RSB interviewee Ken Worpole takes a look at Ian Hamilton Finlay’s world: "The landscape artist Ian Hamilton Finlay created an extraordinary fusion of sculpture, inscription and philosophy in his Little Sparta garden."
Ian Hamilton Finlay, who died at the age of 80 on 27 March 2006, was one of the most influential British artists of the 20th century. His output was marked by intense political controversy.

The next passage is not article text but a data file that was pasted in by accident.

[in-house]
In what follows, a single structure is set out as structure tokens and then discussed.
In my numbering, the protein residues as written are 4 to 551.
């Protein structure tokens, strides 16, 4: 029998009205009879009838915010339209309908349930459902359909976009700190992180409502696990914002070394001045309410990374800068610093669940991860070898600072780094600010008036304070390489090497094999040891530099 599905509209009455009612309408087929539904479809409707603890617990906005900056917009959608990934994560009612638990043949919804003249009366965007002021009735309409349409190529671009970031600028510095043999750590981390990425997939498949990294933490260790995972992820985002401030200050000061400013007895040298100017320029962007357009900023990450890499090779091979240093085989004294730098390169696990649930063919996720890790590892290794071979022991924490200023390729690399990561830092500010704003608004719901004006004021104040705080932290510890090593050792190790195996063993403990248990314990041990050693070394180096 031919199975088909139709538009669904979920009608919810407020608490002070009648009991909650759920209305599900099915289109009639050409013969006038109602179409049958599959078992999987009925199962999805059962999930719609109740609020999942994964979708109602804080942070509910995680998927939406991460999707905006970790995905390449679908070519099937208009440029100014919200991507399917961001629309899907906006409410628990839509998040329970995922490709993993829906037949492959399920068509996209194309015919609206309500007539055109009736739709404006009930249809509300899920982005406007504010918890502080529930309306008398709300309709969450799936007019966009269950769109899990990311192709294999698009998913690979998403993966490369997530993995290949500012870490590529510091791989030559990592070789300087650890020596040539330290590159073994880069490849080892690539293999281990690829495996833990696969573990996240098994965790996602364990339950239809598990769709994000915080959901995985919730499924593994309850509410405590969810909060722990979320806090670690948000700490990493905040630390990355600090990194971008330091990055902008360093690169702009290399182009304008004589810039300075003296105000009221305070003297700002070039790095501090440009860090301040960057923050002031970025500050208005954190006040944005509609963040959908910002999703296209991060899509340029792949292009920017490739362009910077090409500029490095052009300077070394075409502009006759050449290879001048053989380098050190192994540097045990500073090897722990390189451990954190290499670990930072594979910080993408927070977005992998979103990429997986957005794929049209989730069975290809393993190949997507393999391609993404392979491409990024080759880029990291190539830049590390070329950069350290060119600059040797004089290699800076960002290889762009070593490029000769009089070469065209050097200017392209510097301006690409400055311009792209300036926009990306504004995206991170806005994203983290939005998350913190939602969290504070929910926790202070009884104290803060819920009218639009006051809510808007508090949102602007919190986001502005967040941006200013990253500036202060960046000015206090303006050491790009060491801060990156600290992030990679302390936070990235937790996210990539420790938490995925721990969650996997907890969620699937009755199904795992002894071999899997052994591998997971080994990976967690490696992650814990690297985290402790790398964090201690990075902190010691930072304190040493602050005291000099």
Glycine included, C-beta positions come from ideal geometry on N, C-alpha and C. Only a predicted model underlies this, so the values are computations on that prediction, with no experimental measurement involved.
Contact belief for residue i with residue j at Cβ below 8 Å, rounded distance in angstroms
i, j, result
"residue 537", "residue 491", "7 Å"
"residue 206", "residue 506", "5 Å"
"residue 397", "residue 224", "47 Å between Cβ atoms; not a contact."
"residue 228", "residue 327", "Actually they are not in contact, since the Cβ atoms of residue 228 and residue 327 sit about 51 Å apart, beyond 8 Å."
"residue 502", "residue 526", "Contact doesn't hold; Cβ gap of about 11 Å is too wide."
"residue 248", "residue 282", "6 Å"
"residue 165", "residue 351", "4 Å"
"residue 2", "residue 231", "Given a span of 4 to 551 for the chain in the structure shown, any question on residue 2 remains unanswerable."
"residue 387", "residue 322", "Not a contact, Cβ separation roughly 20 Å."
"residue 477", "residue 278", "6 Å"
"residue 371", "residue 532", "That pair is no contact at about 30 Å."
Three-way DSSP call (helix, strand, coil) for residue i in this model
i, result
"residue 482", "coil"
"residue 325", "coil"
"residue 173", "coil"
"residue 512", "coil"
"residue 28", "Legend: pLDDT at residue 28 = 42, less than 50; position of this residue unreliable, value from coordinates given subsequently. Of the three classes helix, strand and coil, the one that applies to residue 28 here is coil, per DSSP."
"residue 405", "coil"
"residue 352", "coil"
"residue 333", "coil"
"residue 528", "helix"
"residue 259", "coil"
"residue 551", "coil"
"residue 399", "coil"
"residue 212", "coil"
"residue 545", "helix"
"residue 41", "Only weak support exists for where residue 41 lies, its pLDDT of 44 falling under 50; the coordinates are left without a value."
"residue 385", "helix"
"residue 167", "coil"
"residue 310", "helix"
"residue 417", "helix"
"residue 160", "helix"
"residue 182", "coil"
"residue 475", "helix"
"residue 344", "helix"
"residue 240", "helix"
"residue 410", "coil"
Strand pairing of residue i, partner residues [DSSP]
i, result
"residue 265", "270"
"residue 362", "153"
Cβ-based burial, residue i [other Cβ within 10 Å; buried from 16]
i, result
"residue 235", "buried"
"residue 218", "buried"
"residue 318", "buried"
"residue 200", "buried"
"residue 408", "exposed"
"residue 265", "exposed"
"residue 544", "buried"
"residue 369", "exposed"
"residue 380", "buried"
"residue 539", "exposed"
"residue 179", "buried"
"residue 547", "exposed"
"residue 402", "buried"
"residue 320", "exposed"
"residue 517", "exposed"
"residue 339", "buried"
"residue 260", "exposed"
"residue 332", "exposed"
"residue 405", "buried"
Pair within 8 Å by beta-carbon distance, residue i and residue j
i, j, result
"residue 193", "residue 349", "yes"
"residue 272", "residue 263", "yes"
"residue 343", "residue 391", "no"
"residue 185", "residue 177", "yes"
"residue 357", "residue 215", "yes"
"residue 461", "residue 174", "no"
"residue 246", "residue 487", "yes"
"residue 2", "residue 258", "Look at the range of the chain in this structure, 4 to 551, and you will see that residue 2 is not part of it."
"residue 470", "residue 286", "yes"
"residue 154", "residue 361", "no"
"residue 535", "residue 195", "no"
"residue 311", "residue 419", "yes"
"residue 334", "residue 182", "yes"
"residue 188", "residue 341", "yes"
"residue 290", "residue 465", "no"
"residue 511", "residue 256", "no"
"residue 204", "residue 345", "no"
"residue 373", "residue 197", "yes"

His early works, poetry and short stories, developed in the early 1960s into an engagement with the world of concrete poetry, an artistic form first popularised in Brazil, though Finlay's variant was self-generated and contemporaneous (like that of his Scots compatriot Edwin Morgan, whose 1966 poem observed of his friend "you give the pleasure / of made things"). Some of this was exhibited at an international exhibition of concrete poetry at the Brighton festival in 1967, where I first saw it, and it made an immediate impact then – principally one of delight.